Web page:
The legal definition of slander in California is as follows:
Slander is a false and unprivileged publication, orally uttered, and also communications by radio or any mechanical or other means which:
1. Charges any person with crime, or with having been indicted, convicted, or punished for crime;
2. Imputes in him the present existence of an infectious, contagious, or loathsome disease;
3. Tends directly to injure him in respect to his office, profession, trade or business, either by imputing to him general disqualification in those respects which the office or other
occupation peculiarly requires, or by imputing something with reference to his office, profession, trade, or business that has a natural tendency to lessen its profits;
4. Imputes to him impotence or a want of chastity; or
5. Which, by natural consequence, causes actual damage.
Before you undertake to pursue a slander case, you should carefully consider the possibility of an Anti-SLAPP suit. SLAPP stands for "Strategic Litigation Against Protected Participation." This is a special motion to strike that essentially alleges that your lawsuit for slander is designed to prevent the speaker from exercising her Constitutional right of free speech. Losing an Anti-SLAPP claim exposes you to the possibility of paying the other side's costs, including attorney's fees.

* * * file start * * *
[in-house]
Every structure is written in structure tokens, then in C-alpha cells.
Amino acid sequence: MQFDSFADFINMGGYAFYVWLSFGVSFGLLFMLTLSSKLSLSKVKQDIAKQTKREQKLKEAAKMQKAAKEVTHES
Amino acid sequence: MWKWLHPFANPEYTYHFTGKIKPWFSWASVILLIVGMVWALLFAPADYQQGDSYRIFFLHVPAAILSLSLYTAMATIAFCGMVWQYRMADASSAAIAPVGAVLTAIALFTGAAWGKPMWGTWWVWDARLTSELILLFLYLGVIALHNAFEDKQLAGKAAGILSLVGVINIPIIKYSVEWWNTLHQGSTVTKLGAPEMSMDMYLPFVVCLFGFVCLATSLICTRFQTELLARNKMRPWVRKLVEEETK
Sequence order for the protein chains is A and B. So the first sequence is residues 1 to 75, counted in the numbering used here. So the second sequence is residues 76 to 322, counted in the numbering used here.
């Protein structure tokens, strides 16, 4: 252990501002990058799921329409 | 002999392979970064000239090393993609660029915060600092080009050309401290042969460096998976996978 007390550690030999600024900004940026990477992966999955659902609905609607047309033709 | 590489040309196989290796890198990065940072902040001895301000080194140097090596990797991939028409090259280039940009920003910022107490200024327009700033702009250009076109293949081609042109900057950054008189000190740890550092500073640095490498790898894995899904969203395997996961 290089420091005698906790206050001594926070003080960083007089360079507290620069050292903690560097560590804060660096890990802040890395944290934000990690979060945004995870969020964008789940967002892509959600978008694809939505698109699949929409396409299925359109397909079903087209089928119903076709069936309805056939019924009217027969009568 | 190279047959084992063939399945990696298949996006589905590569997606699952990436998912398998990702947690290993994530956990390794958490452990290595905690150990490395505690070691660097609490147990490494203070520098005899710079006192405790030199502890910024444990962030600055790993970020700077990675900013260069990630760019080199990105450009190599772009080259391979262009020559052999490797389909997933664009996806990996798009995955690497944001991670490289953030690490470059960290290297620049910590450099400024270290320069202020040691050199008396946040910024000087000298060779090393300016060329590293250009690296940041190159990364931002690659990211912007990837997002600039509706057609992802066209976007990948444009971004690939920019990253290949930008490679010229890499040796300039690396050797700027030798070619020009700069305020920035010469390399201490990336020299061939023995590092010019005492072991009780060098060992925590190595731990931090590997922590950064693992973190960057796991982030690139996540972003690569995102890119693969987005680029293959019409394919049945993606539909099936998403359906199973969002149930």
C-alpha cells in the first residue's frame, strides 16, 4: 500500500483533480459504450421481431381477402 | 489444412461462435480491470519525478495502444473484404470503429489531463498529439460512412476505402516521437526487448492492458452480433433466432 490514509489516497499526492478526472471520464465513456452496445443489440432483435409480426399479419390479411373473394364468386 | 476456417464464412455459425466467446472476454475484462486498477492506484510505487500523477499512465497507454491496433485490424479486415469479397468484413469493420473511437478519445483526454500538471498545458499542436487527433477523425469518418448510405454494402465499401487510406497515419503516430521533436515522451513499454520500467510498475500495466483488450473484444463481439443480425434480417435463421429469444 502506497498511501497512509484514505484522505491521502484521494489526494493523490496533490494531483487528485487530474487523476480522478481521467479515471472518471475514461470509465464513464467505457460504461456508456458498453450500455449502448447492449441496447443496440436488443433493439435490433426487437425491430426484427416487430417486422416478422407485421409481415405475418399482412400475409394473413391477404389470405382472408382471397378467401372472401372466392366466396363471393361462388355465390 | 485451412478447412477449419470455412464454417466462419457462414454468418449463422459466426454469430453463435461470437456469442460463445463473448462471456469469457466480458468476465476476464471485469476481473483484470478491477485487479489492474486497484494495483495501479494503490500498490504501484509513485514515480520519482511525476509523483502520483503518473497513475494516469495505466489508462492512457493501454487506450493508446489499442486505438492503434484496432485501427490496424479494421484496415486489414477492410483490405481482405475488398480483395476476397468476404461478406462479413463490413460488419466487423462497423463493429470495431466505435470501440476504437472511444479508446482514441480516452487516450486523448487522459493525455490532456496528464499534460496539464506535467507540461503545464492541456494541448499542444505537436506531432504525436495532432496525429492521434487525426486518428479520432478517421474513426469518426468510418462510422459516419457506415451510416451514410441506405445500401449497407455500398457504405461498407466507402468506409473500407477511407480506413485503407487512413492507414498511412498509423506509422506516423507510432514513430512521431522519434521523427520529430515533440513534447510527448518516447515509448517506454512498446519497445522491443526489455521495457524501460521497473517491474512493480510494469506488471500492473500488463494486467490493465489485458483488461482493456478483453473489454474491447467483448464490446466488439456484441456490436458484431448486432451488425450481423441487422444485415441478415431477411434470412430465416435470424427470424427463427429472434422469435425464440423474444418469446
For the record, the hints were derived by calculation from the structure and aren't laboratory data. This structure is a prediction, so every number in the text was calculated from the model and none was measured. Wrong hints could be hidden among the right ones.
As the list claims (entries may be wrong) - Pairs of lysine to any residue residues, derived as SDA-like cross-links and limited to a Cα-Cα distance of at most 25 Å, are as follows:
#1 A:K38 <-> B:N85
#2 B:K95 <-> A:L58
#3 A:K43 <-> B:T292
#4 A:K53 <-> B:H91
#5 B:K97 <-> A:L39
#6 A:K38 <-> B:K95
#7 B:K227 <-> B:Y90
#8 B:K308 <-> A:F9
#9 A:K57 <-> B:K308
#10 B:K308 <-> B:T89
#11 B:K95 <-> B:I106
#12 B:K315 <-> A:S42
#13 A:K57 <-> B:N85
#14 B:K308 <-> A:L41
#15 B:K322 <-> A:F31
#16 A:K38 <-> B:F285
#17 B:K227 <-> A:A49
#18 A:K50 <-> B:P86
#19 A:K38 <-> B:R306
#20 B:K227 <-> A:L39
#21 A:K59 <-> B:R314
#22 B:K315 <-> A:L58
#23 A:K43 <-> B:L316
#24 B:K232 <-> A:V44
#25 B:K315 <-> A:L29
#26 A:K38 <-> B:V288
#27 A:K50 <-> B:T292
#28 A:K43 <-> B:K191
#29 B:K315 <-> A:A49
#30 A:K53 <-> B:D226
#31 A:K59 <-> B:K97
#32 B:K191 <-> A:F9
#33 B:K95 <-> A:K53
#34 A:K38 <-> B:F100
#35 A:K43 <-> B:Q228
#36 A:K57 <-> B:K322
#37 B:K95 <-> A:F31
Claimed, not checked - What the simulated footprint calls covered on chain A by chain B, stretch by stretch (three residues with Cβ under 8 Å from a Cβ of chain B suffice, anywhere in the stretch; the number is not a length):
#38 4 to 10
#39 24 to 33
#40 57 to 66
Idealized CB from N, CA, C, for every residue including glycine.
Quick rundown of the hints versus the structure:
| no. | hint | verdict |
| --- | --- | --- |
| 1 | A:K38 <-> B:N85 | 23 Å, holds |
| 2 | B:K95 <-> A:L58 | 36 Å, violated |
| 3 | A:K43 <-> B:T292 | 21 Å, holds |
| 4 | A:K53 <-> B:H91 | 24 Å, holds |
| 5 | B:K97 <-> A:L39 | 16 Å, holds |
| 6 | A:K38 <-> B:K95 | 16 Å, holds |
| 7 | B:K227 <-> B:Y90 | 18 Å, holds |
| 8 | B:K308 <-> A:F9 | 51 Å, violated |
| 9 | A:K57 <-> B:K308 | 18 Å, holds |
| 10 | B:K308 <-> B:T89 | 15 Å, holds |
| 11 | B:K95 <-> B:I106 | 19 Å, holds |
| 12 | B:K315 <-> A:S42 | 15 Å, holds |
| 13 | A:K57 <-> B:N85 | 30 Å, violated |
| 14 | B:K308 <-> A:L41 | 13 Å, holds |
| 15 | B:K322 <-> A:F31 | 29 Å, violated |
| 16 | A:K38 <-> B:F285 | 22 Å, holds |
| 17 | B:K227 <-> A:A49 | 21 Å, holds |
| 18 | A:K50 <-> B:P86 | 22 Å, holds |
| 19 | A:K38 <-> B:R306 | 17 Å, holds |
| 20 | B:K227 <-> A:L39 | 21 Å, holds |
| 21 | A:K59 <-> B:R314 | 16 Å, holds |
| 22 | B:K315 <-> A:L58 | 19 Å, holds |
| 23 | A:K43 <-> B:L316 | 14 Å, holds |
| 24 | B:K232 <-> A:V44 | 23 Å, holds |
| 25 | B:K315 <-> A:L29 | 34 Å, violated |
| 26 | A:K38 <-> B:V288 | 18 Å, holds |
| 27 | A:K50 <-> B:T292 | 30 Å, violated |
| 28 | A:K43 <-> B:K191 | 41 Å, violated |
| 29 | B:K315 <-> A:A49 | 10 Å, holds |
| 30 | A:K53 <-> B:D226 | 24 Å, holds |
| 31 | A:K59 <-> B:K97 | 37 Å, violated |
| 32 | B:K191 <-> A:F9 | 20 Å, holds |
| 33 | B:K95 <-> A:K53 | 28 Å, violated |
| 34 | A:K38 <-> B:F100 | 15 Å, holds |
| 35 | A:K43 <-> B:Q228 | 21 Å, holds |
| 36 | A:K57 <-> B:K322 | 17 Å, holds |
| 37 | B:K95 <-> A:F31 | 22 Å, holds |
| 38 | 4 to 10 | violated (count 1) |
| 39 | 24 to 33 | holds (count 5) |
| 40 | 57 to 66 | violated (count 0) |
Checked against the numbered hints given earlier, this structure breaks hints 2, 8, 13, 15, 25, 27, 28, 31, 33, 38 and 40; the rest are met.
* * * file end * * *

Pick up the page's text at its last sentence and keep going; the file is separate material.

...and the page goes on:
The field of defamation (of which slander is a variety) and Anti-SLAPP litigation is complicated, and it is best that you seek the counsel of an experience attorney before making a decision about moving forward. A competent lawyer can help you safely navigate your case to protect your reputation but also keep you insulated from potential negative repercussions.
With respect to your FMLA claims, you would need to provide additional information before a more specific response would be possible.Ask a similar question
Defamation requires proof that incorrect statements of fact, not opinion, were made to third parties and that it caused harm to you. Here is a link to a guide on defamation law to help you determine whether the law applies to your circumstances.
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This answer is offered for informational purposes only. It is not offered as, and does not constitute, legal advice. Laws vary widely from state to state. You should rely only on the advice given to you during a personal consultation by a local attorney who is thoroughly familiar with state laws and the area of practice in which your concern lies. In the event that you have follow up questions, please post them directly on this site. This does not create an attorney-client relationship and the attorney does not read unsolicited emails. Thank You.Ask a similar question
I agree with Attorney Gavin. Lawsuits involving defamation (slander and libel) and anti-SLAPP litigation are extremely complicated, and you may end up having the pay the other side's attorney's fees if you lose.
Therefore, you should definitely seek the counsel of an experience attorney before making a decision about proceeding with any lawsuit.Ask a similar question
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